Tokyo Adventures 2: Japanese culture past and present

Recently Tokyo was listed as the world’s largest Mega-city. I don’t think it takes a special list to understand that Tokyo is massive. One trip to the Skytree, the Tokyo Metro Government Building, the Daiba waterfront or the Mori Art Musuem sky deck and Tokyo’s size will become startlingly clear. This sprawling metropolis is a playground for the gastro-brave, the weird, the culture buff and the shop-a-holic. Tokyo is so massive that many of our trips there have been between other business so they don’t make for good chronological reading. That doesn’t mean we didn’t have anything worth sharing.

The crowd on a quiet day at Senso-ji

The crowd on a quiet day at Senso-ji

In the first Tokyo Adventures post I talked about finding western food and shopping for crafts and cosplay items. This set of adventures highlights the interesting dichotomy between Japan’s traditional culture and it’s backwards march in to the future.

Senso-ji & Skytree

Asakusa is by far one of the top tourist destinations in Tokyo. I won’t be able to share anything with you that isn’t already covered ad nauseum somewhere else. It’s no surprise that one of the top tourist destinations in the most populated city in the world is a little crowded. I was there on New Year’s Eve during the day which is supposedly off peak. I would hate to see what it’s like when it is peak season.

The main temple in Asakusa is called Sensō-ji and its large pagoda tower and main temple building are impressive and well maintained. Throwing a 5円 coin is considered very auspicious but all I had were 10’s. One throw for my wife and me! The immensely crowded thunder gate, which just got a new lantern, is at the entrance to Sensō-ji. If you were hoping to take that perfect picture of the bright red lantern looking all serene, you can pretty much throw that thought away now or show up at 5AM. On the bright side you will have many random Japanese people in your pictures and you can make up stories about them…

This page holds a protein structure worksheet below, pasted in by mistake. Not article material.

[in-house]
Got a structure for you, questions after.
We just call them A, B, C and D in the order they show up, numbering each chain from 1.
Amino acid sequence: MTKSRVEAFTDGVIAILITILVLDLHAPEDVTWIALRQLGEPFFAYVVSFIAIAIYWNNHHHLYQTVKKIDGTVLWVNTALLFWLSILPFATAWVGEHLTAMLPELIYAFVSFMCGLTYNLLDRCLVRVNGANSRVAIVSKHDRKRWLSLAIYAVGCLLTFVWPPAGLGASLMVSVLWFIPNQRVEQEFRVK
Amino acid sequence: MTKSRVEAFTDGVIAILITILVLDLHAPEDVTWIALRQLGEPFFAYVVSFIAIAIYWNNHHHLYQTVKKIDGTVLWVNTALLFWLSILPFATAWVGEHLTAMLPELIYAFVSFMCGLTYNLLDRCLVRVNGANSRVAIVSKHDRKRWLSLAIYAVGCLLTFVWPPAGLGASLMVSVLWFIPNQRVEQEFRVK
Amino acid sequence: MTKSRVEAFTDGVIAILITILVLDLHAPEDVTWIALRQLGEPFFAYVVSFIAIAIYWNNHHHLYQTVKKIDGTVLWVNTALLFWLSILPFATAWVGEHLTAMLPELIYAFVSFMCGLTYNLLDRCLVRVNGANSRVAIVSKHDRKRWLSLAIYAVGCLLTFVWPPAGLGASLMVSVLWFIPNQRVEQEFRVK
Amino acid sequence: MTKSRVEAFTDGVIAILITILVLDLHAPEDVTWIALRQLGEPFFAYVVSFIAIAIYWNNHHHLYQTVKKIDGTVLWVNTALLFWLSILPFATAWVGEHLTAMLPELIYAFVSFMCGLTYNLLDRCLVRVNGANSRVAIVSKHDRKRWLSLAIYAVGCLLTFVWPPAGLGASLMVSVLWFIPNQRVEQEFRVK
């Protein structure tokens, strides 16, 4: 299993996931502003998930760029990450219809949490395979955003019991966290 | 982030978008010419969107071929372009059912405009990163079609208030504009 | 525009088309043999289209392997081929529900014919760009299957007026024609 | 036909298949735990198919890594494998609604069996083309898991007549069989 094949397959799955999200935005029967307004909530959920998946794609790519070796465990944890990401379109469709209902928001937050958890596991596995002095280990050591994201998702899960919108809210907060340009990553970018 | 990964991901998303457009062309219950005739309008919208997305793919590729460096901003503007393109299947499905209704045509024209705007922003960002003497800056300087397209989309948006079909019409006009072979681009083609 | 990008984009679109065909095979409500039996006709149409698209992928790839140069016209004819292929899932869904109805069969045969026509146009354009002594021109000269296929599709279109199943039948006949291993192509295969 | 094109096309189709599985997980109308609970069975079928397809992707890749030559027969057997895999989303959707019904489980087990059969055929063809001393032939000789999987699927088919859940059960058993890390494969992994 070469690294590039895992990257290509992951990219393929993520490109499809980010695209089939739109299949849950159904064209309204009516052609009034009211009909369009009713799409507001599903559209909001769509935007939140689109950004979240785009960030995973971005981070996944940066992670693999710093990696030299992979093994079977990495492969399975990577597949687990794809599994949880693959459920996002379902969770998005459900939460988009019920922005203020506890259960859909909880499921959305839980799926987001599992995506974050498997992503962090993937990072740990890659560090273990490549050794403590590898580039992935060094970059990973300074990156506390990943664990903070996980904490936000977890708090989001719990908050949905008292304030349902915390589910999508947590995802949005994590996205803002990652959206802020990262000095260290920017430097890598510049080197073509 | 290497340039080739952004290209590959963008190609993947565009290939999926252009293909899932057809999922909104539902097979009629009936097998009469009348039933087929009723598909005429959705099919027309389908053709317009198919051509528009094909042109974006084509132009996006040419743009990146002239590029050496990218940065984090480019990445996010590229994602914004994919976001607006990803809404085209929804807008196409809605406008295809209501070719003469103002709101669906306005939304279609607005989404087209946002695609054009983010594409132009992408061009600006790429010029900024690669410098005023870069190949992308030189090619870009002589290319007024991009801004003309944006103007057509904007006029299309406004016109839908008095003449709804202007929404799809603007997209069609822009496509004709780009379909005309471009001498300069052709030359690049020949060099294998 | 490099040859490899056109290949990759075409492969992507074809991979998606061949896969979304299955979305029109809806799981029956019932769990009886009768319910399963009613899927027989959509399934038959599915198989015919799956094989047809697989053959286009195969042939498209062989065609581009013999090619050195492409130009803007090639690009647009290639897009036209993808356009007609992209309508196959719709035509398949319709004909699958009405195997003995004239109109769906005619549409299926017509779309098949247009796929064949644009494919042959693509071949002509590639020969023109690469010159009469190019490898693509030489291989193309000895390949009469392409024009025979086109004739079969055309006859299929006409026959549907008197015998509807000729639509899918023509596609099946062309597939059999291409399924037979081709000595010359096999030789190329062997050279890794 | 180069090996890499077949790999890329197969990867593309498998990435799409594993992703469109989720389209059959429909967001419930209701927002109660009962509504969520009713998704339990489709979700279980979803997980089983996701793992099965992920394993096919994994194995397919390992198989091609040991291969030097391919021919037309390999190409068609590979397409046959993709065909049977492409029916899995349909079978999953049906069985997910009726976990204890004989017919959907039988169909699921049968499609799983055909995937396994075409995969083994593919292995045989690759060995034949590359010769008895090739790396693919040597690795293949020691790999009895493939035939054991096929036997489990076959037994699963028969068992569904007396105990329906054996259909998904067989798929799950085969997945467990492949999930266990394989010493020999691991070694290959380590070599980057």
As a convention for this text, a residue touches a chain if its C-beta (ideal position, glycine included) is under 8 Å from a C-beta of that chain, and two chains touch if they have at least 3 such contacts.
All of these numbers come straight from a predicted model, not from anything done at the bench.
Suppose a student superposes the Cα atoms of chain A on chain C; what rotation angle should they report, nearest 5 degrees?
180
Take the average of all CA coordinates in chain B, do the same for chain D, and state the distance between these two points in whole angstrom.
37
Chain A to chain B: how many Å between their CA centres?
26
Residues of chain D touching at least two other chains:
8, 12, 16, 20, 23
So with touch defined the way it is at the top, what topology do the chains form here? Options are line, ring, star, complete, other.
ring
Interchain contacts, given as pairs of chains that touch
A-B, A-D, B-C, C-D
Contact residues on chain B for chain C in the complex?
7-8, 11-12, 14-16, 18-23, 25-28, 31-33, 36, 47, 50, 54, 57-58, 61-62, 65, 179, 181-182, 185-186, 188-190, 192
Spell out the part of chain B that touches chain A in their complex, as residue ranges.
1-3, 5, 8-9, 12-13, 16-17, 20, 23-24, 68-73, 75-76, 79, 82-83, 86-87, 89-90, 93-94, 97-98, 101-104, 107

Asakusa is lauded as being one of the better preserved wards from older eras of Tokyo but for my money it just looked like Japan. Not to mention from Asakusa you can see the Asahi building, with its “golden flame” on top (we thought it looked like a golden flaming poo) and the Tokyo Skytree, which are both ultra-modern. The Sky tree costs a whopping 3,000円 to get to the top although it is the tallest tower in the world at 637 meters. We skipped it since the TMGB is free.

Not too far from Asakusa is Ryogoku. Right outside the station there are many Chankonabe restaurants. Chankonabe is basically “sumo food.” It’s a special kind of hot pot recipe that is basically a light stew. You can check out our Cooking in the shower recipe for Nabe here. To the immediate north of the station is Ryogoku Kokugikan and the Edo-Tokyo Museum. The Kokugikan is still a functioning sumo arena as well as a museum of sumo wrestling. We stopped here for the Edo-Tokyo museum and a special exhibition of ukiyo-e artwork.

The Edo-Tokyo museum has a strange a ultra modern appearance but was designed to resemble old kurazukuri store houses from Edo period Tokyo. I thought it resembled a star destroyer. Anyways, the museum in and of itself was interesting as a survey of Japanese history. A majority of the display space is centered around Tokyo after the capital changed from Kyoto to Edo in the early 17th century. Attention is paid in the museum to just about every influence that shaped Edo into Tokyo from kabuki to rice production in the Kanto region.

We attended for a special exhibit of ukiyo-e 浮世絵 (pronounced: ooo-key-yo-eh) which translates to “Pictures of the floating world.” Ukiyo-e is more commonly referred to as “Japanese wood block prints.” The Edo-Tokyo museum had gathered together an entire retrospective of famous ukiyo-e from around the world and put it all in one chronologically ordered display. Hiroshige and Hokusai are easily the most famous of the artists but they were active in the mid 19th century. The floating world has been captured in Japanese art with roots all way back in the Heian period. The time line of ukiyo-e acts as a window to the development of Japanese culture, as the themes and subjects change based on the economic and social influences around them. The British Museum, the Asian Art Museum of San Francisco, the Boston Museum of Fine Art and the National Library of France all have massive collections of ukiyo-e. In Japan, the largest collections are at the Ukiyo-e Museum of Nagano and the National Museum of Modern Art – Tokyo. What made the Edo-Tokyo museum’s display so impressive is that they had gathered the signature works from all of these museums and many more and put them all in one exhibit. We were truly blown away by  the comprehensive collection of the “floating world.”